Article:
The father of Isaiah Gonzalez told a San Antonio television station the teen was found hanging in his bedroom closet in July in the family’s home with his cell phone propped up on a shoe to record his death.
The San Antonio Police Department does not mention the challenge in the teens death report, but Gonzalez’ family said in the days after, they pieced together from Isaiah’s social media and communication with friends he was participating in the game.
Isaiah’s sister Alexis says a person behind the challenge gathered personal information from Isaiah and threatened to harm the family if he didn’t follow through.
The San Antonio police department did not return a message left by The Associated Press asking whether police were investigating the game, but parents and authorities are questioning if the game actually exists, saying that there’s a lack of suicides directly attributed to it.
FBI Agent Michelle Lee of the San Antonio office says the agency is not helping in the investigation, but urged parents to monitor their children’s online activities saying:
“It’s a reminder of one of the many dangers and vulnerabilities that children face using various social media and apps online every day. Parents must remain vigilant and monitor their child’s usage of the internet.”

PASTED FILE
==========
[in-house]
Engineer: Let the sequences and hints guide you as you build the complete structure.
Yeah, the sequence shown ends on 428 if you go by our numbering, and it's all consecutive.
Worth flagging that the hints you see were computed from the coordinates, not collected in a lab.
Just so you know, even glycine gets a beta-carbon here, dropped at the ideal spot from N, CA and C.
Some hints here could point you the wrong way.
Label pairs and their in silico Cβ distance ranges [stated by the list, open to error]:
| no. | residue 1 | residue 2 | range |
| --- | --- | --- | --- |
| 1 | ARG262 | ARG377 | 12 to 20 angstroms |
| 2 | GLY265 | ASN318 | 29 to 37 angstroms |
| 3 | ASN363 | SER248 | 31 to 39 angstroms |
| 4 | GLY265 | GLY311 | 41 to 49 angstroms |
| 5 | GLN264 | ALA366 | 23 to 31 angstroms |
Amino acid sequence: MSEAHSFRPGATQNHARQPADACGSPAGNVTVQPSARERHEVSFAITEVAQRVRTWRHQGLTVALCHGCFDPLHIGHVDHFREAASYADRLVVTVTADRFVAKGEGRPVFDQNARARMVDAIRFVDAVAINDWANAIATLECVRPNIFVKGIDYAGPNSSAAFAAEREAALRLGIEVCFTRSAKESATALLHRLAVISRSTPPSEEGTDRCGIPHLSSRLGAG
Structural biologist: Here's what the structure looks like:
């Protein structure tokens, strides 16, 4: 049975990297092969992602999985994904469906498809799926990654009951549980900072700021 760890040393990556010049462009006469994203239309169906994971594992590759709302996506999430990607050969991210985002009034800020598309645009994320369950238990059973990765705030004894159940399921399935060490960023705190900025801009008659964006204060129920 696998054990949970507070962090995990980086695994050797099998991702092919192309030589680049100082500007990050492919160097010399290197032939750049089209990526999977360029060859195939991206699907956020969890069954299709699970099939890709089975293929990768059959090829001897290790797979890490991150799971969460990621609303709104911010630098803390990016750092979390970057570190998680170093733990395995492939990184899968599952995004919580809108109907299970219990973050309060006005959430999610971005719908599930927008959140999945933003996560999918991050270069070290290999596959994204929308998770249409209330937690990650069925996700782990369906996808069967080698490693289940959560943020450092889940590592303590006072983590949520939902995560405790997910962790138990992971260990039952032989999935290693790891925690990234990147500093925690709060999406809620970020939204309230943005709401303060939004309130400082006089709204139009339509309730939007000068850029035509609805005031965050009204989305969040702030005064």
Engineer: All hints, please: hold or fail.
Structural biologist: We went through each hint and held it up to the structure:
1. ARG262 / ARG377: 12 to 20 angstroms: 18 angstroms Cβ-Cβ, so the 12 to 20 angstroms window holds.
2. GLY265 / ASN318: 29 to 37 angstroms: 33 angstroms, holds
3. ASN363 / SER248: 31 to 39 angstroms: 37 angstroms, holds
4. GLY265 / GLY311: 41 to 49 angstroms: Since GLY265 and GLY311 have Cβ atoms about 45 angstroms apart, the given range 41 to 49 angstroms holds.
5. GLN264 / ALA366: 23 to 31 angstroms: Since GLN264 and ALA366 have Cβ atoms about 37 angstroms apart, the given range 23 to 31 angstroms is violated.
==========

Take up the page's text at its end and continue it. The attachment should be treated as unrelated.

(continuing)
Gonzalez is the second parent this week to tell the story of their child who died by suicide, allegedly as a result of the game. Monday, a Georgia woman spoke to CNN about her 16-year-old daughter killing herself as part of the challenge, but wanted to remain anonymous.
Schools, police, and parents across the country have been reporting about the rumors on the challenge for months, but it wasn’t until July that there were allegations about a death linked to the game. Suicides in Russia, Brazil and a dozens of other countries reportedly linked the challenge to cases that involved teenagers or young adults.
Parents say the teens reach out to game administrators called “curators” through social media platforms, and these curators lead the participants through 50 days of challenges, including watching scary movie clips, cutting symbols into their arms and legs, and taking pictures of themselves in dangerous positions such as on the edge of a roof or on train tracks.
The Center for Missing and Exploited Children has been notified of the challenge and wants parents to report to the center’s cyber tip line even if they feel like they do not have enough information to go to police. The group’s director of education and outreach Eliza Harrell says she didn’t know about the use of threats and intimidation, but said it was concerning saying:
“That really adds another level to this. We do not tend to address specific apps or games when we give advice to parents. When parents talk to their children, “the underlying conversation needs to be about dealing with strangers online and putting themselves in a position of trust. It’s an issue that a child is listening to someone anonymously and doing what they are told by a stranger to do.”